If your pet has only a few quills lodged into its body, you can remove them with pliers. Some pets can tolerate this while others might run away in fear. What you want to do is use the pliers to firmly grasp the quill and then pull it out quickly. The end that was dislodged should have a sharp point, so when you see this you know that the quill has been removed entirely.

Will your pet never be interested in a porcupine again? It’s really hard to say, because some pets are slow learners who live in the moment of the chase.

Pack Hunting Coyotes

Coyotes often consume small mammals such as gophers and squirrels, but when the pickings are slim due to urban sprawl, these animals go for whatever is easily accessible. In most cases coyotes rarely perform coordinated group hunting, but they will employ this strategy when necessary. In any case, you need to be aware that these solitary hunters will take its prey by surprise and inflict a bite to the head or neck and then give a violent shake similar to the attack method of a wild cat. Also, if you hear a pattern of high intensity yips, this either means that the coyote pack is advertising its territory or preparing for a coordinated group hunting strategy.

Some ways to reduce you and your pet’s chances of coming face to face with a coyote include installing a fence at least six feet in height, walking your dog on a leash, carrying a loud whistle or walking stick and avoiding daily patterns such as the same walking routine. If a coyote ends up approaching you, it’s best to make eye contact, shout, throw objects and make yourself look as big as you can.

Small & Large Wild Cats

Wild cats are another predator to keep on your watch list. Because these cats are illegally and legally kept as pets all around the country, you could come across a wild or domesticated one. In spite of this, it’s important to remember that in either case, the cat is a ferocious and powerful creature that might go to great lengths in the name of survival.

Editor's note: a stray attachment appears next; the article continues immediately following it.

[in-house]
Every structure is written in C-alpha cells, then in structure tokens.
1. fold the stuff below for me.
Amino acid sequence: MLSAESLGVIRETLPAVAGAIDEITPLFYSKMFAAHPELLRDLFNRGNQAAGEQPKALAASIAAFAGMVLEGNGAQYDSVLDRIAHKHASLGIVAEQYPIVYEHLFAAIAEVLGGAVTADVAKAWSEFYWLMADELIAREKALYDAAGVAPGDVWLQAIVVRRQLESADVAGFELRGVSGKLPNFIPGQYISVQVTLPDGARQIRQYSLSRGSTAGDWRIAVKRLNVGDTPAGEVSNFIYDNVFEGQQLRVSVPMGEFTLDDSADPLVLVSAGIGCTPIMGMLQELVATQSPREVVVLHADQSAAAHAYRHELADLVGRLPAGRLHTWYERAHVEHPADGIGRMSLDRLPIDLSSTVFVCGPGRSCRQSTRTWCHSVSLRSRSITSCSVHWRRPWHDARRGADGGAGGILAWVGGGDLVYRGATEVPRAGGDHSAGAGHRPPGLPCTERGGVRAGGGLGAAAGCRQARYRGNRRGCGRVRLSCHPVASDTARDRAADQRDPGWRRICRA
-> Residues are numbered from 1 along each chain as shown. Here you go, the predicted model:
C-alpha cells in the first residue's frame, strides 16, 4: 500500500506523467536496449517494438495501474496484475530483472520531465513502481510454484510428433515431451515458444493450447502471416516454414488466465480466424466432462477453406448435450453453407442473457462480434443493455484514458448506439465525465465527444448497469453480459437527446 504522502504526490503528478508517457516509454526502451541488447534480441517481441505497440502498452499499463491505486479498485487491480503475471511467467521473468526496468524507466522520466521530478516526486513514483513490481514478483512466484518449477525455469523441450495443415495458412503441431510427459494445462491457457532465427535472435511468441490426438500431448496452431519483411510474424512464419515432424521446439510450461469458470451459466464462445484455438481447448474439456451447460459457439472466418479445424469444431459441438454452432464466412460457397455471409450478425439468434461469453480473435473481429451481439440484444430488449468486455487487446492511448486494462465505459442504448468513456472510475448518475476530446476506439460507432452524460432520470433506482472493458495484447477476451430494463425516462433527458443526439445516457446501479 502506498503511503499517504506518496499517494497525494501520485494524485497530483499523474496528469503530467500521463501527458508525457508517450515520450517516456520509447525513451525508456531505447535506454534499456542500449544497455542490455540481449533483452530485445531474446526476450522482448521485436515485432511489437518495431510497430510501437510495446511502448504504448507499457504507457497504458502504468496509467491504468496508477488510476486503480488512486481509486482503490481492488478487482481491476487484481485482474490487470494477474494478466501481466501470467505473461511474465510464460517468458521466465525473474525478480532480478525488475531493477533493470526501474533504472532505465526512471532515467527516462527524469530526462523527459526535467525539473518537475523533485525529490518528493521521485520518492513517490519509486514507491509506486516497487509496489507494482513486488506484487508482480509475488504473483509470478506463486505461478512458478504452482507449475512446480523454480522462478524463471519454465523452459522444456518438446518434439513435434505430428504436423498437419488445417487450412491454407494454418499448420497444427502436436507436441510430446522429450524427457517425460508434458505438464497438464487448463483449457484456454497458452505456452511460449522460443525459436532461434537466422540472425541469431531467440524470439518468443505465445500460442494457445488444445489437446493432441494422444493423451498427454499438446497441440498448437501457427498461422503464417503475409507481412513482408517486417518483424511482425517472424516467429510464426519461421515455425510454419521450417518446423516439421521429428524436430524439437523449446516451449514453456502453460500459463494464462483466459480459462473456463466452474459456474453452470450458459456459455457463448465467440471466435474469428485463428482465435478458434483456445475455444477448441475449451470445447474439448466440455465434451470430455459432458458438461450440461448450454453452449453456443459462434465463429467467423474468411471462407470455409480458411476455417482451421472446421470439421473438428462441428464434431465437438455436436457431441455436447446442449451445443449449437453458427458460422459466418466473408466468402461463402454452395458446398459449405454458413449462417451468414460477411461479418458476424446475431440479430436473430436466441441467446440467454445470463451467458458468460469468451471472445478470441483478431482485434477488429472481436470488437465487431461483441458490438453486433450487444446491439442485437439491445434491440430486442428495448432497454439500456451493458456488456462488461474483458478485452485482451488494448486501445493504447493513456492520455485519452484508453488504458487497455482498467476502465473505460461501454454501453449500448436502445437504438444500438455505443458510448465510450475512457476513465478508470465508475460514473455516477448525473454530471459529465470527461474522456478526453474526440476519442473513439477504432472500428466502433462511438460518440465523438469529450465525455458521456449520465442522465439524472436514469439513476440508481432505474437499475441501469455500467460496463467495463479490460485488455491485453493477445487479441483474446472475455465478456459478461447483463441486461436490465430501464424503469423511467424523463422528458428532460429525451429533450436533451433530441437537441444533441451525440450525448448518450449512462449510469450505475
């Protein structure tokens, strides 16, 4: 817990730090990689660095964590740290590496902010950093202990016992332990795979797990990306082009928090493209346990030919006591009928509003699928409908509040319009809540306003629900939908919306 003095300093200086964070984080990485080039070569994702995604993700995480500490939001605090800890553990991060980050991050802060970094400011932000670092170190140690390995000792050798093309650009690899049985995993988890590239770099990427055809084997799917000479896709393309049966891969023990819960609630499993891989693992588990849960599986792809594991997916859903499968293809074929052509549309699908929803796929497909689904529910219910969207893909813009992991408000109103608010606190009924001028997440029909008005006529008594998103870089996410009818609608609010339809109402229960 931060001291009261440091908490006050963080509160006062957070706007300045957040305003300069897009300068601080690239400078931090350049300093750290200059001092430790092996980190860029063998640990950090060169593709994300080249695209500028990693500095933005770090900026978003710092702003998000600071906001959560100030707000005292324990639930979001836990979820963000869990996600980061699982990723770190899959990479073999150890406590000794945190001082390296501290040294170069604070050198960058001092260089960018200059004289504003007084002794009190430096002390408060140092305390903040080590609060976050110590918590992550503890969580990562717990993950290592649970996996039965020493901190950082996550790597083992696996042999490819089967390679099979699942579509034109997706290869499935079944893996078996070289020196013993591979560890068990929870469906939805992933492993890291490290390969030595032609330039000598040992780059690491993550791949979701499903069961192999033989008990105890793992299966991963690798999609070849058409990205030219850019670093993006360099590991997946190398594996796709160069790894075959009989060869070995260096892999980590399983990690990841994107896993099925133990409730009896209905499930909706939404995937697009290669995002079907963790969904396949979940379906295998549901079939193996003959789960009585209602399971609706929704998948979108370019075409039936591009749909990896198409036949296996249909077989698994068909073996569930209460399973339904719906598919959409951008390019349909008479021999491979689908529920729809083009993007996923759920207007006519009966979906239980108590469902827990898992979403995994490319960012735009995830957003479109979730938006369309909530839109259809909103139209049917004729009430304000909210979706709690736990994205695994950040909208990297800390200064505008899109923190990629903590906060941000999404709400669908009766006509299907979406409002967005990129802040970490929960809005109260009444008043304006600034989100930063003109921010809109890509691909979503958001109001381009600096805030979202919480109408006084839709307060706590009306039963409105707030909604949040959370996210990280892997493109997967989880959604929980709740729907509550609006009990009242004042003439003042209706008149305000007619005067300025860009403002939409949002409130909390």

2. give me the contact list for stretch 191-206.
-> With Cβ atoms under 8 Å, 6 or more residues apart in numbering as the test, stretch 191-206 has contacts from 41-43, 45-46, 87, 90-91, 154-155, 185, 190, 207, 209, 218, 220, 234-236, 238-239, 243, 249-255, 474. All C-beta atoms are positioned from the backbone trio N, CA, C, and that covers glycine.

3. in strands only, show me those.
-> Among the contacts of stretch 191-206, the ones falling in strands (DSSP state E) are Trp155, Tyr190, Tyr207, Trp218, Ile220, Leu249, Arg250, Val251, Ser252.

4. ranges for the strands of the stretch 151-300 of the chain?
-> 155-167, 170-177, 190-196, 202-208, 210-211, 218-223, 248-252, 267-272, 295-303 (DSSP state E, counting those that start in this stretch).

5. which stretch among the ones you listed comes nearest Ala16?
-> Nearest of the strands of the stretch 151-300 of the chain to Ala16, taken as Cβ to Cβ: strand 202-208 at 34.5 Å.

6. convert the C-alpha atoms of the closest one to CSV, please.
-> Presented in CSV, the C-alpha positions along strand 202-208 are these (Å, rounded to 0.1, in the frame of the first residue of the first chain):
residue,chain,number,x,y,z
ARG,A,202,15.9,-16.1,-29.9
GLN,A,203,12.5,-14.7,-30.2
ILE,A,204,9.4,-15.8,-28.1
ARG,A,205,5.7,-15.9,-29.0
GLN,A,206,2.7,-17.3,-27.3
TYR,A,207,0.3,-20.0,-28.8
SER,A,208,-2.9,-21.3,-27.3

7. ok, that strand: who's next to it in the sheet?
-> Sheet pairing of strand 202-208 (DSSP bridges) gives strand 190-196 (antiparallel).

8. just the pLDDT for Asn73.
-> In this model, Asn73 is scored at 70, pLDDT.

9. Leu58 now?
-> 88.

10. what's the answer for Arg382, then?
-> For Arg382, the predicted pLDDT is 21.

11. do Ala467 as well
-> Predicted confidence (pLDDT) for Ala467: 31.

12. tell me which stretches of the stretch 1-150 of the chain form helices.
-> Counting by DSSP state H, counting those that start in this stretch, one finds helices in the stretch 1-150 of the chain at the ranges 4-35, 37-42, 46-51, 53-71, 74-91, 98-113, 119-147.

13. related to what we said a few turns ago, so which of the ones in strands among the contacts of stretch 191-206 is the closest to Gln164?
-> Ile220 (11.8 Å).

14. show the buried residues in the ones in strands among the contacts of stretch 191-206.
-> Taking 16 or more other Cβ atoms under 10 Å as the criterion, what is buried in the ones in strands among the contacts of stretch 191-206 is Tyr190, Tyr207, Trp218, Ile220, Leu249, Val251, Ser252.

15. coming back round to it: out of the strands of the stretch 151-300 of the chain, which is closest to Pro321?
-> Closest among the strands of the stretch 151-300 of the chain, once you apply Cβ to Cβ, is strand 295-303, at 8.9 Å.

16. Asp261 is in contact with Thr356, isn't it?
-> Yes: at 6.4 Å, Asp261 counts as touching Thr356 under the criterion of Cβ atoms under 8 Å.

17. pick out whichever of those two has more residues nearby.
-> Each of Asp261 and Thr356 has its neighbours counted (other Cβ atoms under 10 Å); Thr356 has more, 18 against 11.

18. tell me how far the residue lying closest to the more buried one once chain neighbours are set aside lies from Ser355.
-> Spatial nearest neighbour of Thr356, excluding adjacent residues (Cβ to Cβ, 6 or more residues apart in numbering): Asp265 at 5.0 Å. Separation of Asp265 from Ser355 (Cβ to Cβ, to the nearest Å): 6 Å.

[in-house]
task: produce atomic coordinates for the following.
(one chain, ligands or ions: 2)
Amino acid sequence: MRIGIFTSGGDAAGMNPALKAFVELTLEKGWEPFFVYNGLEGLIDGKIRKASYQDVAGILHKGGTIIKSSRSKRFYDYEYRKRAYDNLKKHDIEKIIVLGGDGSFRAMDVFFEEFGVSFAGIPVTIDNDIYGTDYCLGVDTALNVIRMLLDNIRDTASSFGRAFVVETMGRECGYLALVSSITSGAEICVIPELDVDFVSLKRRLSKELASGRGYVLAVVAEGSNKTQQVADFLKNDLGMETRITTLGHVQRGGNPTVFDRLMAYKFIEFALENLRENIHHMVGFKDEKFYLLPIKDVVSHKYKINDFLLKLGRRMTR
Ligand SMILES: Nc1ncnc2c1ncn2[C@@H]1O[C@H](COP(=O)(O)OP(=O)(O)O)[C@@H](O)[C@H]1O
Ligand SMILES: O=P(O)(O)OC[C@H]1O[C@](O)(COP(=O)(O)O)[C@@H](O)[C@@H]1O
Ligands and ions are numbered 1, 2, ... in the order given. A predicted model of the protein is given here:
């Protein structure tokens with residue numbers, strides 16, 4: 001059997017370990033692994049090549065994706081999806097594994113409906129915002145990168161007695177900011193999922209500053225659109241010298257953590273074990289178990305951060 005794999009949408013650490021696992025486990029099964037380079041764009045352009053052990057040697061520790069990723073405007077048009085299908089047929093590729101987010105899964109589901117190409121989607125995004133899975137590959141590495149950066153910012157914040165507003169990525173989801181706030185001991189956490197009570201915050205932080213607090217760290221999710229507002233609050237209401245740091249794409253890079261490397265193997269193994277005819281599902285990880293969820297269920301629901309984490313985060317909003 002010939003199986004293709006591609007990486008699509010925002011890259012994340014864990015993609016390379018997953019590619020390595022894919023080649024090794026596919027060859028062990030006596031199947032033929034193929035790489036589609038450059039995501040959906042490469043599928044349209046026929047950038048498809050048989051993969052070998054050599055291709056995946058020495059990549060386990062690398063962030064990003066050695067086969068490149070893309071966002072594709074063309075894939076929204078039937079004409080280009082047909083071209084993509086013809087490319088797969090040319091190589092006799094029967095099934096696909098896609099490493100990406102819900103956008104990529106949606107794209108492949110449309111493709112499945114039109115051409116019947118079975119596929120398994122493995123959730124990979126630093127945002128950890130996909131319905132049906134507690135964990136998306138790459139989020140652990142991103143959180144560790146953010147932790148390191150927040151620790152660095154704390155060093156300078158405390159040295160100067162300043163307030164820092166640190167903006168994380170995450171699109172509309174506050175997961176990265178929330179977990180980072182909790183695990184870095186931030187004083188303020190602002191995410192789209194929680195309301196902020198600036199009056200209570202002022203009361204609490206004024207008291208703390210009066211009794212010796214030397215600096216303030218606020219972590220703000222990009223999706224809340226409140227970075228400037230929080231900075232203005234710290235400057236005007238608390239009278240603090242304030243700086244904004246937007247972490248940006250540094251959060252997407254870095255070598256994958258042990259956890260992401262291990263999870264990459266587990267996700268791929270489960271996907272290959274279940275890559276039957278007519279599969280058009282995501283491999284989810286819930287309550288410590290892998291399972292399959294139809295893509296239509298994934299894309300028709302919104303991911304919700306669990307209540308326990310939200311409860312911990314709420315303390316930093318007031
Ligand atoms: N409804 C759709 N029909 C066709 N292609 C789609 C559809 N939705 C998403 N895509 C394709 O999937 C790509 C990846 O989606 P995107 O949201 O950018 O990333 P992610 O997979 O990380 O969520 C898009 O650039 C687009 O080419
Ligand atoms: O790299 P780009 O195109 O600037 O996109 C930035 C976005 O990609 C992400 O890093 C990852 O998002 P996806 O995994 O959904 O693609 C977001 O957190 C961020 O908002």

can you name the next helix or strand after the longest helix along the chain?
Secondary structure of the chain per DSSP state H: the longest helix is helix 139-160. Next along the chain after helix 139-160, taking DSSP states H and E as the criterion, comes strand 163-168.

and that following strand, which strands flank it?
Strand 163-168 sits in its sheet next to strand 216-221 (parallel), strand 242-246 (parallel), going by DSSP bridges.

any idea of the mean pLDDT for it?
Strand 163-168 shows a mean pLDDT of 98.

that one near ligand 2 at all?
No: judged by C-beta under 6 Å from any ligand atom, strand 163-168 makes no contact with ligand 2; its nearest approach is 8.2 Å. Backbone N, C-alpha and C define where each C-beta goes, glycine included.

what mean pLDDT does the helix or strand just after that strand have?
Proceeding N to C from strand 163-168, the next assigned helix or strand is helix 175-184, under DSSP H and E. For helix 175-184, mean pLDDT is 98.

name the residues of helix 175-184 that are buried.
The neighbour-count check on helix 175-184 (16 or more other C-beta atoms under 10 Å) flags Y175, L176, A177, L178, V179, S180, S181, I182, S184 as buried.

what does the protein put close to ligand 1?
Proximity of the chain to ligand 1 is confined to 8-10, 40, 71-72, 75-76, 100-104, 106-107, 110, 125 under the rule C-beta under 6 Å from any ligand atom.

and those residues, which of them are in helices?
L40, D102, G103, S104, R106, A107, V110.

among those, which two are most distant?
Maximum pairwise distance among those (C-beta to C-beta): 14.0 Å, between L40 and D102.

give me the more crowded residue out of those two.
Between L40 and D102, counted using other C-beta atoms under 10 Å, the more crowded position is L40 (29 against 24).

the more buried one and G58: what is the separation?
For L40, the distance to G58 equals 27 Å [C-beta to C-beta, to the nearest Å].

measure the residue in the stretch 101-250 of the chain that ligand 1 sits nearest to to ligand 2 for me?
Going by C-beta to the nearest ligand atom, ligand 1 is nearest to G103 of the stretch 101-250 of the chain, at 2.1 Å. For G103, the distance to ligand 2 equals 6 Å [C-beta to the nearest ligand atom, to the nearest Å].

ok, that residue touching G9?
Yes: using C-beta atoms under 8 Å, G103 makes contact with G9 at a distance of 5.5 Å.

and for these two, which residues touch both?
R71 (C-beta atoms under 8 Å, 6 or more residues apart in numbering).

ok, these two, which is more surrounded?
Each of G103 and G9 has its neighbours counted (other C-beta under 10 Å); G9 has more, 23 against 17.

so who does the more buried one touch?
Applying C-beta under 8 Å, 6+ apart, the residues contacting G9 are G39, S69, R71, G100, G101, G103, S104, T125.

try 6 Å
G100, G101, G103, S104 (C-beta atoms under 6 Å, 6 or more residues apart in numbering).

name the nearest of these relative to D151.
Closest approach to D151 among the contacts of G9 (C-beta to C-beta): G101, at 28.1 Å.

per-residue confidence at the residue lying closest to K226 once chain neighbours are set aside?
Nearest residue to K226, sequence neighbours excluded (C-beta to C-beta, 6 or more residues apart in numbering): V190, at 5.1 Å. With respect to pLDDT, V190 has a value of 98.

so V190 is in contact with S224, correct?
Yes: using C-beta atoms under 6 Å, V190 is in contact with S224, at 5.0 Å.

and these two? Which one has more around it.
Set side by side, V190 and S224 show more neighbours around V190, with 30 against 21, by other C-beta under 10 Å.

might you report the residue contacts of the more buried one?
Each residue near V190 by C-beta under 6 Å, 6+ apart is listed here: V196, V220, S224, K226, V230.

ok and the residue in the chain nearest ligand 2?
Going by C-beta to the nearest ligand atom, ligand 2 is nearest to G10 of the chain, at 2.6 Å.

To protect yourself from such a cunning and strategic animal, you should never run away from it or turn your back. When a wild cat sees you or your pet as potential prey, it’s going to notice you before you recognize its presence. So what you want to do is make yourself appear domineering, and if it approaches you, hurl rocks at it, wave and shout. The idea is to make it clear to the cat that you’re not helpless and weak.

For aggressive cats that take the attack to the next level, your job will be to protect you and your dog’s head and neck, because this is where the cat will strike first. When the opportunity presents itself, definitely hit the cat in the nose to further deter it from messing with you. It’s wise to avoid walking around dusk or dawn and to hike in groups instead of going alone.

At the End of the Day…

These predators are all beautiful animals that should be respected and protected, but if you or your pet’s life is at risk, you will have to do everything in your power to fend the predator off.